April 9, 2020

Thunderous applause for Bernie, from Naomi and Noam




And Naomi Klein says exactly why.

Here are some mostly quoted, partly paraphrased and clipped remarks from her interview with Amy Goodman on Democracy Now this morning (starting at 03:41):

She mainly wishes to express her HUGE gratitude to Sanders and everyone involved in his campaign who opened up the window to what is possible politically ...

More than anything else, what the campaign did is HELP US FIND EACH OTHER. And he did this not just now but also in 2016, where he really broke the spell of the Reagan era — that spell that has lasted for four decades, that told people who believed that this system that was funneling so much wealth upwards and spreading insecurity, precariousness and poverty and pollution for everybody else, everybody who saw that system and thought there was something deeply wrong with it ... what the Sanders campaign did is tell us that we had been lied to ... the organizing wove this amazing web and we were able to find each other and find that we were many and they were few.

Sanders was so correct in zeroing in on the conspiracy of lowered expectations ... He said to the American public:  if you don’t believe that you deserve universal healthcare, you’re not going to get it, if you don’t believe that you deserve a safe planet, you’re not going to get it.

You can simultaneously win the battle of ideas and still believe that you will never actually win, that you are still a weak minority, that you will still be destroyed by the forces of establishment power and money.  And that, I think, is the real generational divide that Bernie was also speaking to in his address ... the “younger” voters were starting to believe they could actually win ... they understood that the intellectual project of neo-liberalism was bankrupt ... and these words like “Democratic Socialist” were not as scary anymore.  In fact, they had become appealing.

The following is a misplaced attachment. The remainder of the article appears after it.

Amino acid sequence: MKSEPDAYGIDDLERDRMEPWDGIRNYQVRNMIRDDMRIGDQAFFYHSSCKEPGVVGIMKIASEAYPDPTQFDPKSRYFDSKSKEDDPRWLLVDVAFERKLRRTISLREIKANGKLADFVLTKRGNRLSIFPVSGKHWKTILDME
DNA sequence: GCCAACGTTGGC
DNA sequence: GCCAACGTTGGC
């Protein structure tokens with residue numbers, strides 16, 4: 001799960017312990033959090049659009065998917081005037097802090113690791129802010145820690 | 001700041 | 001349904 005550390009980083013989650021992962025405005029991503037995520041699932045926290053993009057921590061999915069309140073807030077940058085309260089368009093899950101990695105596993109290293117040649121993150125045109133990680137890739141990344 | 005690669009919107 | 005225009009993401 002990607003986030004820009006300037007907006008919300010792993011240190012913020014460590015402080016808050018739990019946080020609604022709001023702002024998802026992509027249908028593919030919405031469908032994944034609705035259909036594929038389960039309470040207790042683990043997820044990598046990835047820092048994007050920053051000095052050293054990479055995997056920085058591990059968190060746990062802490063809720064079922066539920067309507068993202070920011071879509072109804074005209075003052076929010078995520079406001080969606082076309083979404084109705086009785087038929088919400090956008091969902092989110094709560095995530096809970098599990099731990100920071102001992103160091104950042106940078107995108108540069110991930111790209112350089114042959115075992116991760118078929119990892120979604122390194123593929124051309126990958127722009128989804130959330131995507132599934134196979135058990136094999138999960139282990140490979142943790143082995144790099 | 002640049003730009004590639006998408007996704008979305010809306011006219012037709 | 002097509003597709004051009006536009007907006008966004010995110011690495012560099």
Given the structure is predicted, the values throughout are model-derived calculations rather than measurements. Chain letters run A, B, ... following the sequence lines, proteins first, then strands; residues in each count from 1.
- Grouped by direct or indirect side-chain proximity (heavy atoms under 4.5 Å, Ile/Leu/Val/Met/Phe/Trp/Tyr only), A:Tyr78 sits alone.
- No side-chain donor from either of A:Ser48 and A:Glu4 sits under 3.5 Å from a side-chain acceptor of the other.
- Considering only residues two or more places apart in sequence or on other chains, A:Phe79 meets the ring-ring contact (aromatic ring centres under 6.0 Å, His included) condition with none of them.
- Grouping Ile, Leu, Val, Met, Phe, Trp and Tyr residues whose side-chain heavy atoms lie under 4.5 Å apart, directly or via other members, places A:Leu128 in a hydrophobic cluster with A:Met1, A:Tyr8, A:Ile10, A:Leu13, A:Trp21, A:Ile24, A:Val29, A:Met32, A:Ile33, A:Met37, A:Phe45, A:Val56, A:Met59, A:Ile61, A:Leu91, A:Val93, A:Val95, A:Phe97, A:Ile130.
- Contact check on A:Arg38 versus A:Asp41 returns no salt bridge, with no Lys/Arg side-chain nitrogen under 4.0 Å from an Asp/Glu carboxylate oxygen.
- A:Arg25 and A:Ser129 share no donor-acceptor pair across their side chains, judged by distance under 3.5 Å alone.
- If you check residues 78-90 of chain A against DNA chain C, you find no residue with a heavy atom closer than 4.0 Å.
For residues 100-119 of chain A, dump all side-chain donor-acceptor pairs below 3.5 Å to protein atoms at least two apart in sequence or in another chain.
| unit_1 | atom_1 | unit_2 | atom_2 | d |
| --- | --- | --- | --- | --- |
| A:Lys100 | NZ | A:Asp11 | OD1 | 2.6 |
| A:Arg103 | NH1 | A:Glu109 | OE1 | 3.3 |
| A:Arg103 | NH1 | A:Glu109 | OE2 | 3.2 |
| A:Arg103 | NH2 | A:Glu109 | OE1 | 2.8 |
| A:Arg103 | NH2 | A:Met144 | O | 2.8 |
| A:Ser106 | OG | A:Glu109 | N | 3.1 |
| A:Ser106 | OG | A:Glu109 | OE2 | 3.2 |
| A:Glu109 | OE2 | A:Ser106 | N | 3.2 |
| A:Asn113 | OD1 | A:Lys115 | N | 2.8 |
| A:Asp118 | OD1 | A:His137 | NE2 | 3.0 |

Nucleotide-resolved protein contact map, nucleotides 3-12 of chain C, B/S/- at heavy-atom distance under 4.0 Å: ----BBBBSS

For the older generation ... when Bernie’s opponents raised the specter of the Red scare that would be used against him, that was incredibly triggering, terrifying ... Progressive voters who agreed with Bernie could not believe that he could win, where younger voters did believe that he could win. And that was the most important generational divide.

The way this pandemic is playing out is further opening up that window of what is politically possible, indeed what is necessary for people’s survival. And yes, support for Medicare for All is surging, as well as support for other kinds of programs like Housing for All, that were always at the center of the Sanders campaign.